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Companies realise SaaS could loosen the purse strings

August 28, 2009 • Software

Hubert Wentzel, Divisional Director, EOH Consulting, says there is no doubt that the current economic climate has changed customer behaviour. Cash is tight and, as a result, many IT projects, although budgeted for, are in limbo. Trends show a definite move towards funding these projects as operating expenses rather than capital expenses and this, Wentzel says, makes the case for Software-as-a-Service (SaaS) very strong.

CIOs are today looking much more aggressively for opportunities to use both open-source software technologies and third-party application hosting, delivery and management services, like SaaS. What’s more, Wentzel says, there’s strong evidence that managers are a lot more savvy today regarding the role that IT plays in keeping business moving, enabling growth, and driving efficiency than they were in previous recessions; and they’re actively promoting business plans that they know depend on the strategic use of IT.

“Companies need tools to meet the demands of the business and its customers. In our experience, solutions that take time to develop are decreasing while customers are expecting higher functionality at lower total cost of ownership. Without an efficient infrastructure and seamless connectivity, none of these targets can be realised and this is why businesses are increasingly looking towards SaaS which allows them procure a best-in-class computer environment that is more efficient and less expensive than creating their own. SaaS allows organisations to focus on the real technology and business issues that drive success.”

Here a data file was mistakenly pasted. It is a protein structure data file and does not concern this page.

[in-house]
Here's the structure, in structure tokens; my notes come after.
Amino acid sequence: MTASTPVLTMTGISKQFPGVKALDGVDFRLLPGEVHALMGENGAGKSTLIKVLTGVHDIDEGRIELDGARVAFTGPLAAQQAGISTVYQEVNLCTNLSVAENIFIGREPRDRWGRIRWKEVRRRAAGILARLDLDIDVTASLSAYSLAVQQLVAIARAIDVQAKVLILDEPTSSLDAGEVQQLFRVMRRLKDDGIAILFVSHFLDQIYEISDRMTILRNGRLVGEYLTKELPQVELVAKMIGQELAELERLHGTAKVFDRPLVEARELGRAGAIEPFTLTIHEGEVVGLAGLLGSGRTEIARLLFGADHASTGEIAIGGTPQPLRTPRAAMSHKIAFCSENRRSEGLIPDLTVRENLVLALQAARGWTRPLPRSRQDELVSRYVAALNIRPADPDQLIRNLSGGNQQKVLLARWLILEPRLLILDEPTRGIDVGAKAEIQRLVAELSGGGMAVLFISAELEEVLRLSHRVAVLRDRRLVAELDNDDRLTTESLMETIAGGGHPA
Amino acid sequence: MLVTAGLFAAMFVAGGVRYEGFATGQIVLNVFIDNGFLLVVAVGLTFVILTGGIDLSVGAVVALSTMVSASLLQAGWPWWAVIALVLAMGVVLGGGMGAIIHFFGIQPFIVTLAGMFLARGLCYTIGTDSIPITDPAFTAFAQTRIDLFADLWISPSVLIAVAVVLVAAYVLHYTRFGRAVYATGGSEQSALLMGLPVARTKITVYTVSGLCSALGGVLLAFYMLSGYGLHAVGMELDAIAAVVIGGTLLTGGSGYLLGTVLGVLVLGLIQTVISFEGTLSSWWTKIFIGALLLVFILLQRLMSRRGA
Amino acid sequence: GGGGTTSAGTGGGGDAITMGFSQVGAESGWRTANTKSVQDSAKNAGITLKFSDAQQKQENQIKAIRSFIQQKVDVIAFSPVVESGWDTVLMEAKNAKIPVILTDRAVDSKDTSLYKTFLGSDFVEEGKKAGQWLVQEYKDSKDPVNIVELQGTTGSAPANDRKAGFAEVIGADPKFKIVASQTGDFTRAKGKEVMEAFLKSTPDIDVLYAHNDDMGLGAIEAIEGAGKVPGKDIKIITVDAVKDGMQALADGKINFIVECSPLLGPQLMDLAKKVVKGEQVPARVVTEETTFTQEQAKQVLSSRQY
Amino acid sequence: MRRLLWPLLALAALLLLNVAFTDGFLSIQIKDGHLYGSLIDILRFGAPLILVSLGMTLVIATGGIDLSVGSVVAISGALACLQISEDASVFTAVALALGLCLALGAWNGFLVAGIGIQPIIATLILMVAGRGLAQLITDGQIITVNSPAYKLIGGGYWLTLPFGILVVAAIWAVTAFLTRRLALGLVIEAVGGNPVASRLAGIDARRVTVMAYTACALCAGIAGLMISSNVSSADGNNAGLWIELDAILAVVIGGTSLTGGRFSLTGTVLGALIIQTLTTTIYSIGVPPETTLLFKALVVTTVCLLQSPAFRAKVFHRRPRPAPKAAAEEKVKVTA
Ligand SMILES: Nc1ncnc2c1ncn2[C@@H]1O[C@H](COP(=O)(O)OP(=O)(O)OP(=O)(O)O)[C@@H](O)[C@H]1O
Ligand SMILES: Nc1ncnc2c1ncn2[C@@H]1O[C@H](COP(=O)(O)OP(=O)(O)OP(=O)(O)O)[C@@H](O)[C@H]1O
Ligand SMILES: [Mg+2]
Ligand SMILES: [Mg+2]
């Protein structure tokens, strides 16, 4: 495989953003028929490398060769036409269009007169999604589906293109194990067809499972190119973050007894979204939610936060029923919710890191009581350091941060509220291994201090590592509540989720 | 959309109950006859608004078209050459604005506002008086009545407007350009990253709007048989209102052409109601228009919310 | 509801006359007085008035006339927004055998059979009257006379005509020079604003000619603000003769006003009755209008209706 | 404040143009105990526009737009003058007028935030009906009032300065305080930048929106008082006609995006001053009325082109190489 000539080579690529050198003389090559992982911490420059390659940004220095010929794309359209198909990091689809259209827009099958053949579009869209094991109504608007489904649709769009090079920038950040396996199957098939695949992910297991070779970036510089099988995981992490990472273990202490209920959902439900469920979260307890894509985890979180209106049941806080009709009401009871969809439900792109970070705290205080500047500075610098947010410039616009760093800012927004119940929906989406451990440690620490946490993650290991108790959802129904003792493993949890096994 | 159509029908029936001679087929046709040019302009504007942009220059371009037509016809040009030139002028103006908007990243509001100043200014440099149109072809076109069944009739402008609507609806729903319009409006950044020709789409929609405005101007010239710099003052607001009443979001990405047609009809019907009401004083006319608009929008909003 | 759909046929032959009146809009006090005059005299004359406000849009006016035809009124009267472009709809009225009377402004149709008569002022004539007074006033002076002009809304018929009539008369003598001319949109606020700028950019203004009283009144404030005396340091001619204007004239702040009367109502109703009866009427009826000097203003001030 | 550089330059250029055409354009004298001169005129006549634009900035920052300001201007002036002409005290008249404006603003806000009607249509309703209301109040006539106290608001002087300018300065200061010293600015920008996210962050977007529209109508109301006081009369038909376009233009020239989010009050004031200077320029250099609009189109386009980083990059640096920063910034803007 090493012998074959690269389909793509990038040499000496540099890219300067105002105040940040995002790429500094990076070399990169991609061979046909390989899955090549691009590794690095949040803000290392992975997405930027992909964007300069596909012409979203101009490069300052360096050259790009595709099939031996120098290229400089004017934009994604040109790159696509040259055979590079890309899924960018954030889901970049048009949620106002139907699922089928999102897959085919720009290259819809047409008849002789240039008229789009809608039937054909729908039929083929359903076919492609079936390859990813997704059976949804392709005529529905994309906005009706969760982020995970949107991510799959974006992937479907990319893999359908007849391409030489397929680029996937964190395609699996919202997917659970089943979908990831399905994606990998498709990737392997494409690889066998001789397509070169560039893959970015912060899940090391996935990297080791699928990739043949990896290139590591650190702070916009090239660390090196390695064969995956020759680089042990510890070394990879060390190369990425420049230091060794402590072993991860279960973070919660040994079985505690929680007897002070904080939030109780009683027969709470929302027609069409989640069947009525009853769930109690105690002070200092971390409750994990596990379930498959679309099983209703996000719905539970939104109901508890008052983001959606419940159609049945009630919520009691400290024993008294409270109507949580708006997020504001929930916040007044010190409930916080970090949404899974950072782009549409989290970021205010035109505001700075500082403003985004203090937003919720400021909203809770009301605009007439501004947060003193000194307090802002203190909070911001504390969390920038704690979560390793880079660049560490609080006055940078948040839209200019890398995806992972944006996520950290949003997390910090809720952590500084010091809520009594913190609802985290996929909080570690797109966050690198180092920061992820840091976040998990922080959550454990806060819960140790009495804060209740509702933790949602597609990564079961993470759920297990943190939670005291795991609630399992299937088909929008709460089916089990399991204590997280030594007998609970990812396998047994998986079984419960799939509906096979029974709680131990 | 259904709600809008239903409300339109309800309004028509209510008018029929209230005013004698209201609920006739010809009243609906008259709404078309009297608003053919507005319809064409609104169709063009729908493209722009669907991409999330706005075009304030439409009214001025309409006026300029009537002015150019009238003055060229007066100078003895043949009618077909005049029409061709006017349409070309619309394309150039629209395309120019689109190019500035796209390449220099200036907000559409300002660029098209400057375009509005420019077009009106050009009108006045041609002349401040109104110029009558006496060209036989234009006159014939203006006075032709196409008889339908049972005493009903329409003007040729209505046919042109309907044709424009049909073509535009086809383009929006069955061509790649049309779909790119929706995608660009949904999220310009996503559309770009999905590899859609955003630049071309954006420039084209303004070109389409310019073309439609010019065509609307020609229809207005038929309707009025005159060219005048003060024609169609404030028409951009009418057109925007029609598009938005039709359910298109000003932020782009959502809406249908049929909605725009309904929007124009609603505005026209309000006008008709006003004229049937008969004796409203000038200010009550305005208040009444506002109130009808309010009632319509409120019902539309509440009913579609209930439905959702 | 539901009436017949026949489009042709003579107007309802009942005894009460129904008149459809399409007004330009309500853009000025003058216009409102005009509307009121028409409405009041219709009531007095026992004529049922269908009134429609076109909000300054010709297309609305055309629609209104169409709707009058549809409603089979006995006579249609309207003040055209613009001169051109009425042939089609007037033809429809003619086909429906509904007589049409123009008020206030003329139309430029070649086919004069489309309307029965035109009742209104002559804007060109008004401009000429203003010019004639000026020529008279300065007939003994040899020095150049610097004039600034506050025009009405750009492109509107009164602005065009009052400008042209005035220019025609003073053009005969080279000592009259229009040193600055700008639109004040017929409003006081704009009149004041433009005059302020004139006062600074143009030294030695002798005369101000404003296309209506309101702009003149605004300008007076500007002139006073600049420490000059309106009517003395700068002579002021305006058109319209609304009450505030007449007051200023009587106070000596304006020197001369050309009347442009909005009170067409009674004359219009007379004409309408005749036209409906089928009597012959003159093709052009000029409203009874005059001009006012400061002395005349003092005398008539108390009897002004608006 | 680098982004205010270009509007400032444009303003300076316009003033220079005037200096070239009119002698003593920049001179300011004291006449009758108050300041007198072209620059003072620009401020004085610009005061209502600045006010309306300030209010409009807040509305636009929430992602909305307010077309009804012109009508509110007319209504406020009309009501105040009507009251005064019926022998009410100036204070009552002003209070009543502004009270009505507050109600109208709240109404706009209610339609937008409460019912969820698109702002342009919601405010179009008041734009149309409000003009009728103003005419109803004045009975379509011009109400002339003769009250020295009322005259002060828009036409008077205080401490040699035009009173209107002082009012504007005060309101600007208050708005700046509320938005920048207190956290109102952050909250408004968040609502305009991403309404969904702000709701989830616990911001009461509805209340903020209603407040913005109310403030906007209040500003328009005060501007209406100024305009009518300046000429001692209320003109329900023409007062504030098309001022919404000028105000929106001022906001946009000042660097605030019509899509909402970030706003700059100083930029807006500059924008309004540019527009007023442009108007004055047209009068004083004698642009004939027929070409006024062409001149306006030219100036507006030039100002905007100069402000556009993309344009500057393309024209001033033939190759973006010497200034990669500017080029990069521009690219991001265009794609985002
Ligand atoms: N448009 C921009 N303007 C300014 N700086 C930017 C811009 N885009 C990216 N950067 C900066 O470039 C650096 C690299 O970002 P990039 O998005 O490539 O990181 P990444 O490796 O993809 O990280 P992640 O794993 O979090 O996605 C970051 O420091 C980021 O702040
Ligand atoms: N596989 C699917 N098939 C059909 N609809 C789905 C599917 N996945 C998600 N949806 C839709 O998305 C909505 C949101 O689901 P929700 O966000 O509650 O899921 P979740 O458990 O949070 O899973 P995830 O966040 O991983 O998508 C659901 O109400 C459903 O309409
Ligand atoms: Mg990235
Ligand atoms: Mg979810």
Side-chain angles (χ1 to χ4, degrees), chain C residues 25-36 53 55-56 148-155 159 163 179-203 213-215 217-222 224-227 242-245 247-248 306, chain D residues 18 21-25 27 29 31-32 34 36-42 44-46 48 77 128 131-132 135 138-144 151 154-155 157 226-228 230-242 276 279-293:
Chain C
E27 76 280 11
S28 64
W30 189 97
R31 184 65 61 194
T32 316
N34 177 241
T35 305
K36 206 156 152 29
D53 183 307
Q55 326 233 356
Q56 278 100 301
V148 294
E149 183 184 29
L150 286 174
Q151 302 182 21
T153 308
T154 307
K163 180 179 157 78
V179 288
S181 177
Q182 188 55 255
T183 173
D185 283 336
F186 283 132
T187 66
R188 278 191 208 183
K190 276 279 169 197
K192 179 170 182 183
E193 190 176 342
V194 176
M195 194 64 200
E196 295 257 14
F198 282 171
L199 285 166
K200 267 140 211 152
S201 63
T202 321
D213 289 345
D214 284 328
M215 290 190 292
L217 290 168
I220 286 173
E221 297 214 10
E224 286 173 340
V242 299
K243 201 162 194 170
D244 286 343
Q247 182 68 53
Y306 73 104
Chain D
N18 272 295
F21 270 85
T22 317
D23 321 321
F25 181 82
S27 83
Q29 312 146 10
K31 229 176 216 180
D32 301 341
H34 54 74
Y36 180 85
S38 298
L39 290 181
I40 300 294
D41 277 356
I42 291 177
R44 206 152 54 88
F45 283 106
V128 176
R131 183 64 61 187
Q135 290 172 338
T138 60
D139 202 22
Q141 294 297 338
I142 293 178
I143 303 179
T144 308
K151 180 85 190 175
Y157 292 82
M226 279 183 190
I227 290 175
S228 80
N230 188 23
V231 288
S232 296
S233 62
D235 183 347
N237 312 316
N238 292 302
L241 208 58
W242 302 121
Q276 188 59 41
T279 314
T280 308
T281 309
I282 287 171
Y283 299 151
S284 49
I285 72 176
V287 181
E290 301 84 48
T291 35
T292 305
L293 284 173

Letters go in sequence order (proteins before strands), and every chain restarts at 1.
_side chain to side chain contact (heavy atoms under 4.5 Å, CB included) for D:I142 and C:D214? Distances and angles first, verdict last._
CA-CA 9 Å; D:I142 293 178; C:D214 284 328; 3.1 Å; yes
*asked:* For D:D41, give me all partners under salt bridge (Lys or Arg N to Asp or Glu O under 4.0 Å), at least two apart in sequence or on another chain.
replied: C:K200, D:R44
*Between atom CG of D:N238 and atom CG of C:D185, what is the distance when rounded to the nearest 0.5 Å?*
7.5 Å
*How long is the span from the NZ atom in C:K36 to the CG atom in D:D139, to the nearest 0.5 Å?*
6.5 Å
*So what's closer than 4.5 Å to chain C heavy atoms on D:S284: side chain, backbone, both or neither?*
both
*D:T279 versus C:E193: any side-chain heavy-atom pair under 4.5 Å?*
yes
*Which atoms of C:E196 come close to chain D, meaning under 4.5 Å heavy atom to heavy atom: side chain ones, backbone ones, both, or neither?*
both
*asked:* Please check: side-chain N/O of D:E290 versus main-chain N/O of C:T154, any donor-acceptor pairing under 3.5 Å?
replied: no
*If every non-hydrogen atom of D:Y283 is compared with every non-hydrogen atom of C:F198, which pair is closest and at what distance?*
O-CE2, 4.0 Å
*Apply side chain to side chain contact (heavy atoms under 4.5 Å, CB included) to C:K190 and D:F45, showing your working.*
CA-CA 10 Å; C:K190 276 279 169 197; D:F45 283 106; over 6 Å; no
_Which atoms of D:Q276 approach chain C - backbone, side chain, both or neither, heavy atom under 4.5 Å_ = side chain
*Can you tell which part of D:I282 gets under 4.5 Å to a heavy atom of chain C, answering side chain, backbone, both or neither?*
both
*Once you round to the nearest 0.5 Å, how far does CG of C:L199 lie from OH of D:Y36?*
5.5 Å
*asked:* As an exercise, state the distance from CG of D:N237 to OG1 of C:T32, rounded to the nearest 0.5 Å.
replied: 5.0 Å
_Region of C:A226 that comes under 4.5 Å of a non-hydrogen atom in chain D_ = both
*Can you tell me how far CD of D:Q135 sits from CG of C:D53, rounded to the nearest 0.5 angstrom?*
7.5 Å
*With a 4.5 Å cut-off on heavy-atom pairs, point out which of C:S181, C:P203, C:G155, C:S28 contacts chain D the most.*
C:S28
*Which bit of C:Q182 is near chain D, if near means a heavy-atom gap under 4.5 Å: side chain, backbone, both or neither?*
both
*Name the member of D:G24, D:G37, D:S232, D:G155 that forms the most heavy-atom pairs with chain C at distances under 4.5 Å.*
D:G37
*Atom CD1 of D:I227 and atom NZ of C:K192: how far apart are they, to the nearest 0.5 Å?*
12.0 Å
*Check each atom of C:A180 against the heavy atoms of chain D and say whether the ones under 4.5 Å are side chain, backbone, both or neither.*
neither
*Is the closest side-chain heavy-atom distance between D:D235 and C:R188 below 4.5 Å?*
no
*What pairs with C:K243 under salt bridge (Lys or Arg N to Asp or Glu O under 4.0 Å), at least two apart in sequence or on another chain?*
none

SaaS means that there is no software on the computer. Applications are delivered over the Internet and can be accessed anywhere, anytime, with a browser. The SaaS model is easy to use, lowers cost, does not have the maintenance and upgrade hassles of traditional software, and does not require the large up-front investment in software and hardware and is, therefore, lower risk. Since companies generally pay on a per-user, per-month basis, licences don’t go unused and shelf-life becomes a problem of the past.

Wentzel says the value proposition with SaaS is straightforward: SaaS offers an easier way for companies of all sizes to buy and use the kinds of tools that previously were too complex and required too much upfront investment, for all but large companies, that is.

“Despite the fact that IT budgets have been done and accepted, we are experiencing a wait-and-see approach by some companies, given the uncertainty out there. With South Africa lagging the US economy by at least three quarters, I believe we are yet to see how badly the industry will be affected here,” Wentzel concludes.

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